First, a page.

The Hong Kong Monetary Authority (HKMA) hosted an Anti-Money Laundering (AML) Webinar today (16 September), sharing an updated risk assessment of the banking sector and showcasing positive outcomes of the public-private partnership in information sharing. The event brought together over 500 representatives from across the AML ecosystem, including the banking and stored value facilities sectors, financial regulators, Joint Financial Intelligence Unit (JFIU) of the Financial Intelligence and Investigation Bureau as well as Commercial Crime Bureau, which leads the Anti-Deception Coordination Centre (ADCC) and the Fraud and Money Laundering Intelligence Taskforce (FMLIT)1, of the Hong Kong Police Force.
Experience and insights shared during the Webinar include:
- Understanding of risk: The HKMA assessed, based on updated data, that the banking sector remains at high risk of being abused for financial crime activities. In line with international experience, the increasing use and ease of online banking and faster movement of funds have made money laundering even harder to detect and deter.
- Risk-based approach: Appreciating that money laundering and terrorist financing risks are not static, banks including virtual banks follow the HKMA’s guidance to seek to stay resilient through implementing effective anti-money laundering and counter-financing of terrorism (AML/CFT) systems by focusing resources on control measures commensurate with assessed risks. These include the conduct of customer due diligence, ongoing monitoring of account activities and filing suspicious transaction reports (STRs) to law enforcement agencies (LEAs) for investigation.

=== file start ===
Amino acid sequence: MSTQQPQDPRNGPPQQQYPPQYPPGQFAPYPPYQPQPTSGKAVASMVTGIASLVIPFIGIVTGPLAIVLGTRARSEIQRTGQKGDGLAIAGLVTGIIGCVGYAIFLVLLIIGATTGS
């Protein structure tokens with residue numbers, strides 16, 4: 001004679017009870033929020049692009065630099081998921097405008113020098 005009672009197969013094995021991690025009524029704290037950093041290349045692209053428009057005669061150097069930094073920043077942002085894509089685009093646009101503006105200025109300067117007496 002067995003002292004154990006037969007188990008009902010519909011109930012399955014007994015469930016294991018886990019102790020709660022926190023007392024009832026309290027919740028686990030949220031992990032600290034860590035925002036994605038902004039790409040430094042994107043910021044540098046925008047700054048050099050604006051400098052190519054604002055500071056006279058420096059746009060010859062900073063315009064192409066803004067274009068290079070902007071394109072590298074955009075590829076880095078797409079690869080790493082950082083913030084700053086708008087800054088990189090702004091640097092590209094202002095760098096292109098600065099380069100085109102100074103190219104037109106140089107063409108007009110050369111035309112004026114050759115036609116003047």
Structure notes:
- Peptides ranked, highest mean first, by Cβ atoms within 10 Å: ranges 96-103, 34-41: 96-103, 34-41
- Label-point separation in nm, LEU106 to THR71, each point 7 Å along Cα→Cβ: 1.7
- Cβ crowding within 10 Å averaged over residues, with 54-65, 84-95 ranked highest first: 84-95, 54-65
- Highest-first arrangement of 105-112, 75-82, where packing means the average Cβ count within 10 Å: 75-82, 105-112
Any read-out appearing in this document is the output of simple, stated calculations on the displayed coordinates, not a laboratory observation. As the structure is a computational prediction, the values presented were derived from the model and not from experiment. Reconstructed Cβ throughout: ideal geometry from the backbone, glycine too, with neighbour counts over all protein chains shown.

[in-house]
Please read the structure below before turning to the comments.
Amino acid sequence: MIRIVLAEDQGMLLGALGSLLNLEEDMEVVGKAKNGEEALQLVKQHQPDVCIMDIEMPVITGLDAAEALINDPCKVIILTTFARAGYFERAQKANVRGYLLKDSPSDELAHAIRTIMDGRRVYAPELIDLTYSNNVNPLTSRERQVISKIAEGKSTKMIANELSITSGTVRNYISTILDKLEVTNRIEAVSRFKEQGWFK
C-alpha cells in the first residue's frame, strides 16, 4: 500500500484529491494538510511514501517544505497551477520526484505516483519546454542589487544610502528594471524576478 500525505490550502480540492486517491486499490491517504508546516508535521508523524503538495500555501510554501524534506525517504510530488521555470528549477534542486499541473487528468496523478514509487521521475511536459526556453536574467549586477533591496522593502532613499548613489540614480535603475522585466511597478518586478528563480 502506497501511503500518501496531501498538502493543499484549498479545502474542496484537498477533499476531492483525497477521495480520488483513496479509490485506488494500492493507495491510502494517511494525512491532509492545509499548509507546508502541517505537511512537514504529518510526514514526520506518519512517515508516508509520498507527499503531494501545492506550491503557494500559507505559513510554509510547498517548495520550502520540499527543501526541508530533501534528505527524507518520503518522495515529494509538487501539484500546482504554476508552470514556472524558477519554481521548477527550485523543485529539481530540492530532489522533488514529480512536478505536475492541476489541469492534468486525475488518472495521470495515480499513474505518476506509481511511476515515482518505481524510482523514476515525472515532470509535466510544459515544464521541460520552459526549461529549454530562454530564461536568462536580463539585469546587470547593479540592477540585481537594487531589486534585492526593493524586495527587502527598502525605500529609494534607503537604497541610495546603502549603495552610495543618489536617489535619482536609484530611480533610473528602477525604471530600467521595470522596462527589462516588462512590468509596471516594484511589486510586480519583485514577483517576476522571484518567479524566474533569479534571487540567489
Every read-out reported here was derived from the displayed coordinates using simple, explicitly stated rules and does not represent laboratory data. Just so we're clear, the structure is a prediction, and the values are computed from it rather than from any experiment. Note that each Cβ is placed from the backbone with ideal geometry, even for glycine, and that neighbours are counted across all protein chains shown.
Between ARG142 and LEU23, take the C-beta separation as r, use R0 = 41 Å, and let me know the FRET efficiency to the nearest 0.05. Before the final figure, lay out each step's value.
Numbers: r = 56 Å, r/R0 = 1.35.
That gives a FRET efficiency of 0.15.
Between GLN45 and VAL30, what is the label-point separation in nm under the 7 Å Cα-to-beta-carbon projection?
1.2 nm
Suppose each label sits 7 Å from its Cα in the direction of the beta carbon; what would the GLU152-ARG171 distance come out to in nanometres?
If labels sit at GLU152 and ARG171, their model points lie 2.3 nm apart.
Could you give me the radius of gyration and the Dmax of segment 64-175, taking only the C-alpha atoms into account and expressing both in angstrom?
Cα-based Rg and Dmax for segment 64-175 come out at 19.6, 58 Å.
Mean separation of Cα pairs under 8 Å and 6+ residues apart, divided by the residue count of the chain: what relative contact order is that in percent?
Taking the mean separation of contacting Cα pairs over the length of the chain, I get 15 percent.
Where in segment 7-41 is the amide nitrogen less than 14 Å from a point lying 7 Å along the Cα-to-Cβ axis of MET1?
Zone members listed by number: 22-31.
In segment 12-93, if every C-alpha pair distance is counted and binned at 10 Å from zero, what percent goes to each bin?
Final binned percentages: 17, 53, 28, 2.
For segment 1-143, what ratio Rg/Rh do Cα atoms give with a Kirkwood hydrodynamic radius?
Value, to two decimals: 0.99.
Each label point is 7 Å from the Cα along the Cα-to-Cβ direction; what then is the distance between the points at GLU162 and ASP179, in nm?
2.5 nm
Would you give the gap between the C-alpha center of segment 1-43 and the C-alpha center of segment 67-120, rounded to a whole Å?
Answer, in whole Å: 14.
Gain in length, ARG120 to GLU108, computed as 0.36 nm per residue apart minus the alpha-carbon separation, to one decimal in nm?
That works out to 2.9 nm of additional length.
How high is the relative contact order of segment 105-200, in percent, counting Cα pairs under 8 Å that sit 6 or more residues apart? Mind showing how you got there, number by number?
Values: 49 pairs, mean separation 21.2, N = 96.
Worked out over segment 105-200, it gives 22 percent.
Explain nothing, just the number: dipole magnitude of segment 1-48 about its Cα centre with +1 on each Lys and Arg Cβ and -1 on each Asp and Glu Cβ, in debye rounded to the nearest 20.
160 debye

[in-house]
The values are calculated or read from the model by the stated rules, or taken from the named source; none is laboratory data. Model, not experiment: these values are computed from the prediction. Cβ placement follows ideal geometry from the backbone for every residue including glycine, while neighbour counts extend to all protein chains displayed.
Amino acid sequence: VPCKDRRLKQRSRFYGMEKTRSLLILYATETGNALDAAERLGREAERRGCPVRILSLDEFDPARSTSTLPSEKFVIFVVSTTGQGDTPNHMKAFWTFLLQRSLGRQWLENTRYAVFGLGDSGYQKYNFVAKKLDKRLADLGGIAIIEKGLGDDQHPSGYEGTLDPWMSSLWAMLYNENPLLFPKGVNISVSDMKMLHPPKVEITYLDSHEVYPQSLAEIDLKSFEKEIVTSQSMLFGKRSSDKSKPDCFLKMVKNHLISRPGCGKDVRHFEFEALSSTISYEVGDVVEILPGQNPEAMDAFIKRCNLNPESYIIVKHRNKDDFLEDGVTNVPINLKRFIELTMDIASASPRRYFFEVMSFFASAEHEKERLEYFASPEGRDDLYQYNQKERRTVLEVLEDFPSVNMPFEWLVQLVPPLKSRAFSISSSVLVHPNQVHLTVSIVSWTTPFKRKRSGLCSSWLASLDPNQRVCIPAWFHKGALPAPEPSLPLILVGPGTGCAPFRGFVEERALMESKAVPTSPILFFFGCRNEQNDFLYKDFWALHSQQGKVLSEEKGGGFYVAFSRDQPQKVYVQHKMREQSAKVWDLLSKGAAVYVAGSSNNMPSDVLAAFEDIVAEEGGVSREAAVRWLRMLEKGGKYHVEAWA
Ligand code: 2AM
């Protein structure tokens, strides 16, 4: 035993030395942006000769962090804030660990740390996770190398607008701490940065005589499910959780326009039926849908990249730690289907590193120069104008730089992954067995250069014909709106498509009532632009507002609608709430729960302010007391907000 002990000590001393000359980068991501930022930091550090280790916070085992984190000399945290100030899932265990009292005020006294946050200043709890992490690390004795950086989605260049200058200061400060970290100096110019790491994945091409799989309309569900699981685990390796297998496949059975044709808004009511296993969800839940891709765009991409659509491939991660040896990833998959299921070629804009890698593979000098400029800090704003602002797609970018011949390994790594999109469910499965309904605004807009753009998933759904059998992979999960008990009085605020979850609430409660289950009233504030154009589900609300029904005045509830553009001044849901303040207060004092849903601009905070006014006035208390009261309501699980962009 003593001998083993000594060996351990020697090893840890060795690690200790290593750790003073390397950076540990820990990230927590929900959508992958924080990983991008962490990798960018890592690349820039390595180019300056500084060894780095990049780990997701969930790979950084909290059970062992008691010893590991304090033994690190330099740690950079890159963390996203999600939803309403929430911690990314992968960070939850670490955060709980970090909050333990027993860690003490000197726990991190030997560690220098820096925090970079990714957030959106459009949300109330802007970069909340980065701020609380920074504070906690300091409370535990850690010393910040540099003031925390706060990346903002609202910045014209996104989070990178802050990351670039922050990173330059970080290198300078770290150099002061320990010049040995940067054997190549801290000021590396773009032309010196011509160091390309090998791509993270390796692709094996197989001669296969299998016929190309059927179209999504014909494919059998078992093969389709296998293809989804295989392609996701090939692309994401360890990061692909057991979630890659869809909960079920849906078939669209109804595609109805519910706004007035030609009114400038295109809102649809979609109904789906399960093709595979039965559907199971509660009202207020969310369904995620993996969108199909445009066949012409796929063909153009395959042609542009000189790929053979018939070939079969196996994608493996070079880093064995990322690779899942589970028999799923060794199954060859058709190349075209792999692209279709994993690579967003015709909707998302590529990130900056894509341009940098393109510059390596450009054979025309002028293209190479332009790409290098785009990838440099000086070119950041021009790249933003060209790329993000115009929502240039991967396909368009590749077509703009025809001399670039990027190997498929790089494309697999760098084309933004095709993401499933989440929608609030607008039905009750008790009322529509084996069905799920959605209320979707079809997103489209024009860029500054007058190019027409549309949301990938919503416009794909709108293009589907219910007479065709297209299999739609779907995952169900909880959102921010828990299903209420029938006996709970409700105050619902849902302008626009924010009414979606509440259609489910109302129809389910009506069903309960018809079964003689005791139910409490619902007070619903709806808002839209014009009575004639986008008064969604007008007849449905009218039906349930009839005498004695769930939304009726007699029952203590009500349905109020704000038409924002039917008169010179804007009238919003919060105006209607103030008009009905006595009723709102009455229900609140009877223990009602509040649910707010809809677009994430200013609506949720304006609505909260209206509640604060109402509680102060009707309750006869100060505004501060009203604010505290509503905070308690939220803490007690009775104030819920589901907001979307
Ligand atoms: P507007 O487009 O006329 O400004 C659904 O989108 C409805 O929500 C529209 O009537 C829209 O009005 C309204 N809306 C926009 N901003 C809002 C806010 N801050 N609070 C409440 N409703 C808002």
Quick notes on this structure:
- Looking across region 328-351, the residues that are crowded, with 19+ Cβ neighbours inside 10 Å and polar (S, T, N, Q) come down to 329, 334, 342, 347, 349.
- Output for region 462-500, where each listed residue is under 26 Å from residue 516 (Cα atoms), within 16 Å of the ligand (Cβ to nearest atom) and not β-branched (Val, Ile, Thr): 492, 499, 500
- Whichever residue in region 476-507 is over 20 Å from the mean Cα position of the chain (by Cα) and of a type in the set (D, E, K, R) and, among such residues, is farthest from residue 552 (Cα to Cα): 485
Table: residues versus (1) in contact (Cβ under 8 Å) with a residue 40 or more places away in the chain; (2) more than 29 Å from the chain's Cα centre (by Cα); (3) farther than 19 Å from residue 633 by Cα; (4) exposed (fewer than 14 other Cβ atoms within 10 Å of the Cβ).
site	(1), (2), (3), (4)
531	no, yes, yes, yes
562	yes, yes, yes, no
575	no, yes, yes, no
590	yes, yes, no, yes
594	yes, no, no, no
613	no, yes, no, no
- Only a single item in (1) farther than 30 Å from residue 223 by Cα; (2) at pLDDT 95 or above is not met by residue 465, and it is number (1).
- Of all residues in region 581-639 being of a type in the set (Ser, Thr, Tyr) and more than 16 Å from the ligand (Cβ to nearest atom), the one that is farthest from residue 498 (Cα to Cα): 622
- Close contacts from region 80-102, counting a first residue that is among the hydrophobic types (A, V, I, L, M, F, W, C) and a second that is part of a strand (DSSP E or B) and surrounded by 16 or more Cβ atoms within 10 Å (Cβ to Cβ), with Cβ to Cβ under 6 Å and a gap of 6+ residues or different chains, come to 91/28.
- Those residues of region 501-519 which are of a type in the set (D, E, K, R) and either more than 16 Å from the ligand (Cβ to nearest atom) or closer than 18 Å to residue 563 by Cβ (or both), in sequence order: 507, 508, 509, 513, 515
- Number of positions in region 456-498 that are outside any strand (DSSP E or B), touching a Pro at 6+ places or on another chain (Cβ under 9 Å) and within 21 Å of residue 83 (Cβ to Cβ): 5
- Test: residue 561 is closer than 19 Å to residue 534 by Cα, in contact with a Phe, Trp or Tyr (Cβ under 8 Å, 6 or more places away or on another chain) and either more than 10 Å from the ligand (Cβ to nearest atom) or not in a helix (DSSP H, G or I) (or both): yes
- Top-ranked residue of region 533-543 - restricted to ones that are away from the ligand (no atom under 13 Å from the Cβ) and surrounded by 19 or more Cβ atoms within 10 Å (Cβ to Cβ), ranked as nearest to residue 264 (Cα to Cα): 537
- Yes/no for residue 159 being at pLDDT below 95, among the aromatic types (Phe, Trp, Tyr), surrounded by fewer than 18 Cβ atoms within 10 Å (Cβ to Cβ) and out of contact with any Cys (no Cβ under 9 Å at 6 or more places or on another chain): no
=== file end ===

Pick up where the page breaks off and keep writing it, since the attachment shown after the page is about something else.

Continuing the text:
- Collaboration: Banks are working collaboratively within the AML/CFT eco-system to ensure they are reporting suspicion to the JFIU for law enforcement action (85% of 57,130 STRs made in 2020 were from the banking sector); assisting ADCC round-the-clock (intercepting HK$3 billion in 2020); and sharing typologies and cases through the FMLIT (reported over 12,000 bank accounts which were previously unknown to LEAs, leading to restraint or confiscation of about HK$700 million mainly from fraud).
- Data and technology: Good progress in AML Regtech adoption has been made under the HKMA’s “Fintech 2025” Strategy. A bank shared how it had expanded the use of non-traditional and new data streams, including digital footprints, and another bank shared how network analysis technology was being used to supplement transaction monitoring systems to identify hidden linkages and mule account networks of online scams. A virtual bank described the role of a new Financial Crime Controls Working Group formed by all virtual banks, and supported by the HKMA, to share best practices and enhance understanding of emerging risks.
In her welcoming remarks, Ms Carmen Chu, Executive Director (Enforcement and AML) of the HKMA highlighted the positive outcome of the public-private partnership in information sharing in Hong Kong, which is amongst the world’s foremost leading models to enhance collaboration among banks, financial regulators and LEAs to detect, deter and disrupt financial crime and online fraud. The HKMA also launched today a dedicated online training platform, on which various presentation materials of this and other events will be made available for capacity building of bank staff with AML responsibilities. The HKMA’s remarks can also be found at https://www.hkma.gov.hk/eng/news-and-media/speeches/2021/09/20210916-1/.
Hong Kong Monetary Authority
16 September 2021
1 FMLIT, established in 2017, is a public-private partnership in information sharing among the Hong Kong Police Force, the HKMA and 15 banks.